>>> dot(v, x)
a1 + 2*a2 + 3*a3


You can also differentiate a vector with respect to a variable in a reference frame:

>>> x.diff(a1, N)
N.x


Vectors don’t have be defined with respect to just one reference frame. We can create a new reference frame and orient it with respect to the N frame that has already been created. We will use the orient method of the new frame to do a simple rotation through alpha about the N.x axis:

>>> A = ReferenceFrame('A')
>>> alpha = symbols('alpha')
>>> A.orient(N, 'Axis', [alpha, N.x])


Now the direction cosine matrix with of A with respect to N can be computed:

>>> A.dcm(N)
[1,           0,          0]
[0,  cos(alpha), sin(alpha)]
[0, -sin(alpha), cos(alpha)]


Now that SymPy knows that A and N are oriented with respect to each other we can express the vectors that we originally wrote in the A frame:

>>> v.express(A)
A.x + (3*sin(alpha) + 2*cos(alpha))*A.y + (-2*sin(alpha) + 3*cos(alpha))*A.z
>>> z = cross(x, y)
>>> z.express(A)
>>> (a2*b3 - a3*b2)*A.x + ((a1*b2 - a2*b1)*sin(alpha) + (-a1*b3 +
a3*b1)*cos(alpha))*A.y + ((a1*b2 - a2*b1)*cos(alpha) + (a1*b3 - a3*b1)*sin(alpha))*A.z


In dynamics systems at least some of the relative orientation of reference frames and vectors are time varying. The mechanics module provides a way to specify quantities as time varying. Let’s define two variables beta and d as variables which are functions of time:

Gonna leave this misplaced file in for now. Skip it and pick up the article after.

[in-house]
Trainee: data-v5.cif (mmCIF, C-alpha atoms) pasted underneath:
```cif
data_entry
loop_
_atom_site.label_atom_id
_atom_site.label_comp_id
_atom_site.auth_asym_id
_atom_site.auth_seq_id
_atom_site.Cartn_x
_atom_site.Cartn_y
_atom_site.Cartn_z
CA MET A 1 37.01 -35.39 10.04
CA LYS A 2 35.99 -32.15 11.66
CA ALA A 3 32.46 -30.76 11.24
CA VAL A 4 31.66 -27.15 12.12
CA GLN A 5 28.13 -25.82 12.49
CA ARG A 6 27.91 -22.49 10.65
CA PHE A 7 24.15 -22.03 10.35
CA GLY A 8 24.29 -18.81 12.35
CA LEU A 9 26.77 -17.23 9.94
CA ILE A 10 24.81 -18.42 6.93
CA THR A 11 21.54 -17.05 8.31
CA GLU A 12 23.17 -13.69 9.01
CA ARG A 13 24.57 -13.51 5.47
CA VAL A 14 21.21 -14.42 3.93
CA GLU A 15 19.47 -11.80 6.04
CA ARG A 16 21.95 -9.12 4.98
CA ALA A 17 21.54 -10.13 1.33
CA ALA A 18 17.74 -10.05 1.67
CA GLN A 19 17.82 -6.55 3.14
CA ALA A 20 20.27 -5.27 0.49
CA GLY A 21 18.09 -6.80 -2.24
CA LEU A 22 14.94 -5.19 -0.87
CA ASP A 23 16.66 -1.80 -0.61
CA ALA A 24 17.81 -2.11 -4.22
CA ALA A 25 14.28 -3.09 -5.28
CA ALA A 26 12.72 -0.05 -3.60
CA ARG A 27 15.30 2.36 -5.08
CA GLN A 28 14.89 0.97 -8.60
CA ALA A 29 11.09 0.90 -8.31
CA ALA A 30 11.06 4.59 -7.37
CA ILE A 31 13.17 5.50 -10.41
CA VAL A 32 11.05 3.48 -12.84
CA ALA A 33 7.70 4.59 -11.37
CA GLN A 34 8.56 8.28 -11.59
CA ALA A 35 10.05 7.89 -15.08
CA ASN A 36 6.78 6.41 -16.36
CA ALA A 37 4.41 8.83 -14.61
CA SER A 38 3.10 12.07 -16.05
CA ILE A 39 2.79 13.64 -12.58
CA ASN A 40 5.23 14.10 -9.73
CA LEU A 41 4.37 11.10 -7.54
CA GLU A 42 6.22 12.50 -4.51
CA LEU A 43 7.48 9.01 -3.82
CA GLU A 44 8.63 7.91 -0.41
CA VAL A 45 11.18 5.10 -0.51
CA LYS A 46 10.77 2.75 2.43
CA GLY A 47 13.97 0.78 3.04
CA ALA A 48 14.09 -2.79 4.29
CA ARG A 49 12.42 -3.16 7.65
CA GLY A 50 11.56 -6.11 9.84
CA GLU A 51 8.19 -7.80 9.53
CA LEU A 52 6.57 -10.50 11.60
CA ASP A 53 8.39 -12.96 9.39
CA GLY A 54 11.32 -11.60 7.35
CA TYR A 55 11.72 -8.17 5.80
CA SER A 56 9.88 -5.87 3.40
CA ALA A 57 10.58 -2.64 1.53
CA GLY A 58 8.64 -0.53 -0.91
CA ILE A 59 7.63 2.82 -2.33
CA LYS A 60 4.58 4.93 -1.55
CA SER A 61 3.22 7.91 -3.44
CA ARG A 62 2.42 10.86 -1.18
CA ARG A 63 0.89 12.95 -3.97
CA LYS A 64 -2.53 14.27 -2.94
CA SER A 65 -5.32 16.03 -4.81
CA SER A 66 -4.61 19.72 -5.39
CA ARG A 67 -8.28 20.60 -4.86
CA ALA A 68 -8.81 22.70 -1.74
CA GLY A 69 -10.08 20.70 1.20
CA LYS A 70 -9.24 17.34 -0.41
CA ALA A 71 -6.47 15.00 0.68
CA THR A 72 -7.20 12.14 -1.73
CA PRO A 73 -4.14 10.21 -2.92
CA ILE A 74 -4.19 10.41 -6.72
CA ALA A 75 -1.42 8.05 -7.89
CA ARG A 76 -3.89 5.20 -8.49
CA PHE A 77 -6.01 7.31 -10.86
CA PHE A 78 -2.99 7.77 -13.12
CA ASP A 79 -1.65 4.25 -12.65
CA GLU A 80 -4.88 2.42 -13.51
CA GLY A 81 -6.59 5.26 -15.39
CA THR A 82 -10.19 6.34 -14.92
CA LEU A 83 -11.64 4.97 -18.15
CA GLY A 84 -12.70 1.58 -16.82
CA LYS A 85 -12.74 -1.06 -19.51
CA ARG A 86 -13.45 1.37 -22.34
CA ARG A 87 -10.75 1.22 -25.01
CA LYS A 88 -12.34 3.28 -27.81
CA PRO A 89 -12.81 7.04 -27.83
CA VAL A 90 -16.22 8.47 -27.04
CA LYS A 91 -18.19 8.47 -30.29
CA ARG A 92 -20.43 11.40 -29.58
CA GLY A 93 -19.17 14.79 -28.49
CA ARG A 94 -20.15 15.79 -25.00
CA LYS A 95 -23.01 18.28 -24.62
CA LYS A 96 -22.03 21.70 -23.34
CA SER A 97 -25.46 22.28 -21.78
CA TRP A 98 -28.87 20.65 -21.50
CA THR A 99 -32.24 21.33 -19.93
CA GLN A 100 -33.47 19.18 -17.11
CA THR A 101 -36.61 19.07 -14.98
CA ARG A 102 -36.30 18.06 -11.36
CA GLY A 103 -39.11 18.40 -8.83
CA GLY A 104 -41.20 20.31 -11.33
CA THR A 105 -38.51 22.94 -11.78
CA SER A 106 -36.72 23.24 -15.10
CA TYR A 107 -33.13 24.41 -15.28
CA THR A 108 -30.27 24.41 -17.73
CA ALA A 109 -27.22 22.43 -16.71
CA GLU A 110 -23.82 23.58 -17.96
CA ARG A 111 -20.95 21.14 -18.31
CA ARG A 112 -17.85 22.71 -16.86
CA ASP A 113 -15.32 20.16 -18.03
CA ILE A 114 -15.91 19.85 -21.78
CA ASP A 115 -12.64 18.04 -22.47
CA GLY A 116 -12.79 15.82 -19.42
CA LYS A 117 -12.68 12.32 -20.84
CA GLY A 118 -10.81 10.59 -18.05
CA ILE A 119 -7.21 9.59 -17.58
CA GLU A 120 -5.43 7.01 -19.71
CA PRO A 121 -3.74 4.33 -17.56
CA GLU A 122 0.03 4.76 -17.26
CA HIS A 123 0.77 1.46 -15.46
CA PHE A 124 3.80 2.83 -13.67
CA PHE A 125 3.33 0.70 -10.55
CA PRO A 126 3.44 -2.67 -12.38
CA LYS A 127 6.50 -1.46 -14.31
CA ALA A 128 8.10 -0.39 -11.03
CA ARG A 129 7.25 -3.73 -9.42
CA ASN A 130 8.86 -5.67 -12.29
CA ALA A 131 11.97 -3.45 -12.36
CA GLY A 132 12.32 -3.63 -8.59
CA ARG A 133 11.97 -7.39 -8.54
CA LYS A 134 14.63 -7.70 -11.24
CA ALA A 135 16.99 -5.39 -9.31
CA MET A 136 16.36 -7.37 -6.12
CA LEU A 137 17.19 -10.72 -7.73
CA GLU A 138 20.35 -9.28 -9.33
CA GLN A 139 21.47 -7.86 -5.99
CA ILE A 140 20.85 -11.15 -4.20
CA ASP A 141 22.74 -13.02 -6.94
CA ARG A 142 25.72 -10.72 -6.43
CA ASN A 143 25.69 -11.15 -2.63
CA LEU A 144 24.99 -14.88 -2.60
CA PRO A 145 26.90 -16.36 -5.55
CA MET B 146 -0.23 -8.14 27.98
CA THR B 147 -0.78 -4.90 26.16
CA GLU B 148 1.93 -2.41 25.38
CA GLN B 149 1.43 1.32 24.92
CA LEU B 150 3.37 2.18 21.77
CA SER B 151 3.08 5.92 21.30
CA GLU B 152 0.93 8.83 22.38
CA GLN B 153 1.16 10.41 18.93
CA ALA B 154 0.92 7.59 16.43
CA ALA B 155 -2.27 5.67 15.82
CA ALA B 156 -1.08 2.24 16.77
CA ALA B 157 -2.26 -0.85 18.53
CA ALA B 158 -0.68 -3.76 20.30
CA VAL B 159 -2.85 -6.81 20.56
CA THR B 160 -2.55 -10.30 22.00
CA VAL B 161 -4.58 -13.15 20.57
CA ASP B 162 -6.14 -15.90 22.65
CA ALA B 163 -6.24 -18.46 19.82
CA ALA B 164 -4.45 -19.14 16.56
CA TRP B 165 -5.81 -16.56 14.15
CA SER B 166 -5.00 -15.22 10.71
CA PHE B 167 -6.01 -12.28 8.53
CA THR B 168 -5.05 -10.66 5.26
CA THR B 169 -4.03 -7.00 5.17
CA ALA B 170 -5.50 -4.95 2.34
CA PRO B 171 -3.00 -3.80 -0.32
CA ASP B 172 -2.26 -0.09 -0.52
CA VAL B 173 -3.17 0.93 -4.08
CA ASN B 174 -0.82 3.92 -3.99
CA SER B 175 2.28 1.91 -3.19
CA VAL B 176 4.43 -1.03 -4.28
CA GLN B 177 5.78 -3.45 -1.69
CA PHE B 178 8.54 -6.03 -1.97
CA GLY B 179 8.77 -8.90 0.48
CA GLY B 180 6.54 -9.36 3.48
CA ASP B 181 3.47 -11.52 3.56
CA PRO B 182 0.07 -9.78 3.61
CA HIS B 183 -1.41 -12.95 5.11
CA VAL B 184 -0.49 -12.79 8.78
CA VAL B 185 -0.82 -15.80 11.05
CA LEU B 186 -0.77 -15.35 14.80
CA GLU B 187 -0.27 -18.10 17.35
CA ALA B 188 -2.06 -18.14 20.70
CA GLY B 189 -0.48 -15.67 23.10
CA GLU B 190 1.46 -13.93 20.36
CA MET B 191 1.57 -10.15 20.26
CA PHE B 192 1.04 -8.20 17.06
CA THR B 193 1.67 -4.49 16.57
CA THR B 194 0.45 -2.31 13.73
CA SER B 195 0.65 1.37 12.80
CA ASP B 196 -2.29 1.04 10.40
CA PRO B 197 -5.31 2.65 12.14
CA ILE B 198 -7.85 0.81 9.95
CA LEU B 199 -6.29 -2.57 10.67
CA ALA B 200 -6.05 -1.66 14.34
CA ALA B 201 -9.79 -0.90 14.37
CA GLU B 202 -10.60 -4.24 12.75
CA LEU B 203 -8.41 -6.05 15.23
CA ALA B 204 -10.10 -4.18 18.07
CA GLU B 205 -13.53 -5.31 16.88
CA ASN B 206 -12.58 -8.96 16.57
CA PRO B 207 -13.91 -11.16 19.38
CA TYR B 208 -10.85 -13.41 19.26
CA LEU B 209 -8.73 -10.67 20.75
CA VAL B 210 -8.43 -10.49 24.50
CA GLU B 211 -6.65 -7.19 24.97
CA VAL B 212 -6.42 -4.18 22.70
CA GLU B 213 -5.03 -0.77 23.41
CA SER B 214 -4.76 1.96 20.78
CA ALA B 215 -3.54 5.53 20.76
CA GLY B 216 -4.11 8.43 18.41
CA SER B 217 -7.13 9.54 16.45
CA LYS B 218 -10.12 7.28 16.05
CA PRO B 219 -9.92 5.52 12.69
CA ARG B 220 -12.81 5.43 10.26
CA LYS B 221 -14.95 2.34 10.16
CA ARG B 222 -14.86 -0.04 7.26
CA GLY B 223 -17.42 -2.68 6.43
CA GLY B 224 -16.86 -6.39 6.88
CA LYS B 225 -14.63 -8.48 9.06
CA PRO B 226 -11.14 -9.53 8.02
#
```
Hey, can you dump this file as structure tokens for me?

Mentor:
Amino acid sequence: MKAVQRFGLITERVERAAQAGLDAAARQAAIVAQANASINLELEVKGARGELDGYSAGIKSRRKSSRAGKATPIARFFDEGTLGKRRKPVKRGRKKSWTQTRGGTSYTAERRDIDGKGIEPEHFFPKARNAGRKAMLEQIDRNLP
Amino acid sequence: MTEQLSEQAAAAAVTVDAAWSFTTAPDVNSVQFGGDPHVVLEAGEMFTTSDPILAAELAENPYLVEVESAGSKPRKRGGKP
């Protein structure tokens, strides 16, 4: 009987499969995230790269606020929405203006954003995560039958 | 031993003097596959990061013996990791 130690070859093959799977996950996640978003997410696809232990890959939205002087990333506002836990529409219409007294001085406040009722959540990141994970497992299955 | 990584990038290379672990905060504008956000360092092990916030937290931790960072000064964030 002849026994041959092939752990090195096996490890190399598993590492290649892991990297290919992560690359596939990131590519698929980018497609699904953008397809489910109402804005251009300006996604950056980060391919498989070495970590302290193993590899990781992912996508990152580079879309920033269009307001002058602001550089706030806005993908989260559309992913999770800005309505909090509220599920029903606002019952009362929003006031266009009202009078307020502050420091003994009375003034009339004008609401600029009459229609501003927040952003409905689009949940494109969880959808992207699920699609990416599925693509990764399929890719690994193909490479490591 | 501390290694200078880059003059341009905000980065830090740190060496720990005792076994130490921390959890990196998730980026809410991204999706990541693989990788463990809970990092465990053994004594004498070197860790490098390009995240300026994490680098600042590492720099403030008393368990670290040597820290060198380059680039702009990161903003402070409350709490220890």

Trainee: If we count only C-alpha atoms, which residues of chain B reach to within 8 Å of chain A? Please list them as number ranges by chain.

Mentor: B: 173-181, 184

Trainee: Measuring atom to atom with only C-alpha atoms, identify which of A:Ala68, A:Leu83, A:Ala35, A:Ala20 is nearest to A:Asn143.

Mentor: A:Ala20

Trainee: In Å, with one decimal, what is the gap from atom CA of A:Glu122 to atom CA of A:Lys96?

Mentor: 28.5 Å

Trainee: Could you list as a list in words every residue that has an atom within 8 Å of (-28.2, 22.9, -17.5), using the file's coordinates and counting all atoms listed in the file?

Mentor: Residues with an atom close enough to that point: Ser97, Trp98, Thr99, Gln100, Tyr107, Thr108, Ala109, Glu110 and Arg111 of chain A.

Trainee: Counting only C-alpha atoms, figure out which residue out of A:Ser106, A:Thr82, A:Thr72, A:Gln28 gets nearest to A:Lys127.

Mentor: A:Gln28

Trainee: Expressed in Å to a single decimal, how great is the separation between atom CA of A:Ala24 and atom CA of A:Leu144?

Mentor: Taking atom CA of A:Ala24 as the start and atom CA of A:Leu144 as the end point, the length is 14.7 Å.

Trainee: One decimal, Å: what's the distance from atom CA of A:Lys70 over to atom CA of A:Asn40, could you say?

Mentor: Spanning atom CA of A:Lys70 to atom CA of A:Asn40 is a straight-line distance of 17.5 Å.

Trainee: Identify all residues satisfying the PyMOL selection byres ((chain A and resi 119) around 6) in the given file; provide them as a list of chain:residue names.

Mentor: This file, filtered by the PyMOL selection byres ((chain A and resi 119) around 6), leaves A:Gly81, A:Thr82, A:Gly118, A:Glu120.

>>> beta, d = dynamicsymbols('beta d')


Now we can create a new reference frame that is oriented with respect to the A frame by beta and create a vector in that new frame that is a function of d. This time we will use the orientnew method of the A frame to create the new reference frame B:

>>> B = A.orientnew('B', 'Axis', [beta, A.y])
>>> vec = d * B.z


We can now compute the angular velocity of the reference frame B with respect to other reference frames:

>>> B.ang_vel_in(N)
beta'*A.y


This allows us to now differentiate the vector, vec, with respect to time and a reference frame:

>>> vecdot = vec.dt(N)
>>> vecdot
d*beta'*B.x + d'*B.z
>>> vecdot.express(N)
(d*cos(beta)*beta' + sin(beta)*d')*N.x + (d*sin(A)*sin(beta)*beta' -
sin(A)*cos(beta)*d')*N.y + (-d*sin(beta)*cos(A)*beta' +
cos(A)*cos(beta)*d')*N.z


The dynamicsymbols function also allows you to store the derivatives of time varying variables. For example, we can define omega as the first time derivative of beta which allows you to explicitly interact with the derivatives:

>>> theta = dynamicsymbols('theta')
>>> omega = dynamicsymbols('theta', 1)


At this point we now have all the tools needed to setup the kinematics for a dynamic system. Let’s start with a simple system where a point can move back and forth on a spinning disc. First create an inertial reference frame:

>>> N = ReferenceFrame('N')


Now create a reference frame for the disc:

>>> D = ReferenceFrame('D')


The disc rotates with respect to N about the N.x axis through theta:

>>> theta = dynamicsymbols('theta')
>>> D.orient(N, 'Axis', [theta, N.x])


Define one point at the origin of rotation which is fixed in N:

>>> no = Point('no')
>>> no.set_vel(N, 0)


The second point, p, can move through x along the D.y axis:

>>> p = Point('p')
>>> x = dynamicsymbols('x')
>>> r = x * D.y
>>> p.set_pos(no, r)
>>> p.set_vel(N, r.dt(N))


The velocity of the point in the N frame can now be computed:

>>> p.vel(N)
x'*D.y + x*theta'*D.z
>>> p.vel(N).express(N)
(-x*sin(theta)*theta' + cos(theta)*x')*N.y + (x*cos(theta)*theta' + sin(theta)*x')*N.z


The acceleration of the point can also be computed:

>>> p.acc(N)
(-x*theta'**2 + x'')*D.y + (x*theta'' + 2*theta'*x')*D.z


Now let’s imagine that the point, p, is constrained by a spring with stiffness, k, to point, no. This means that a force...To be continued.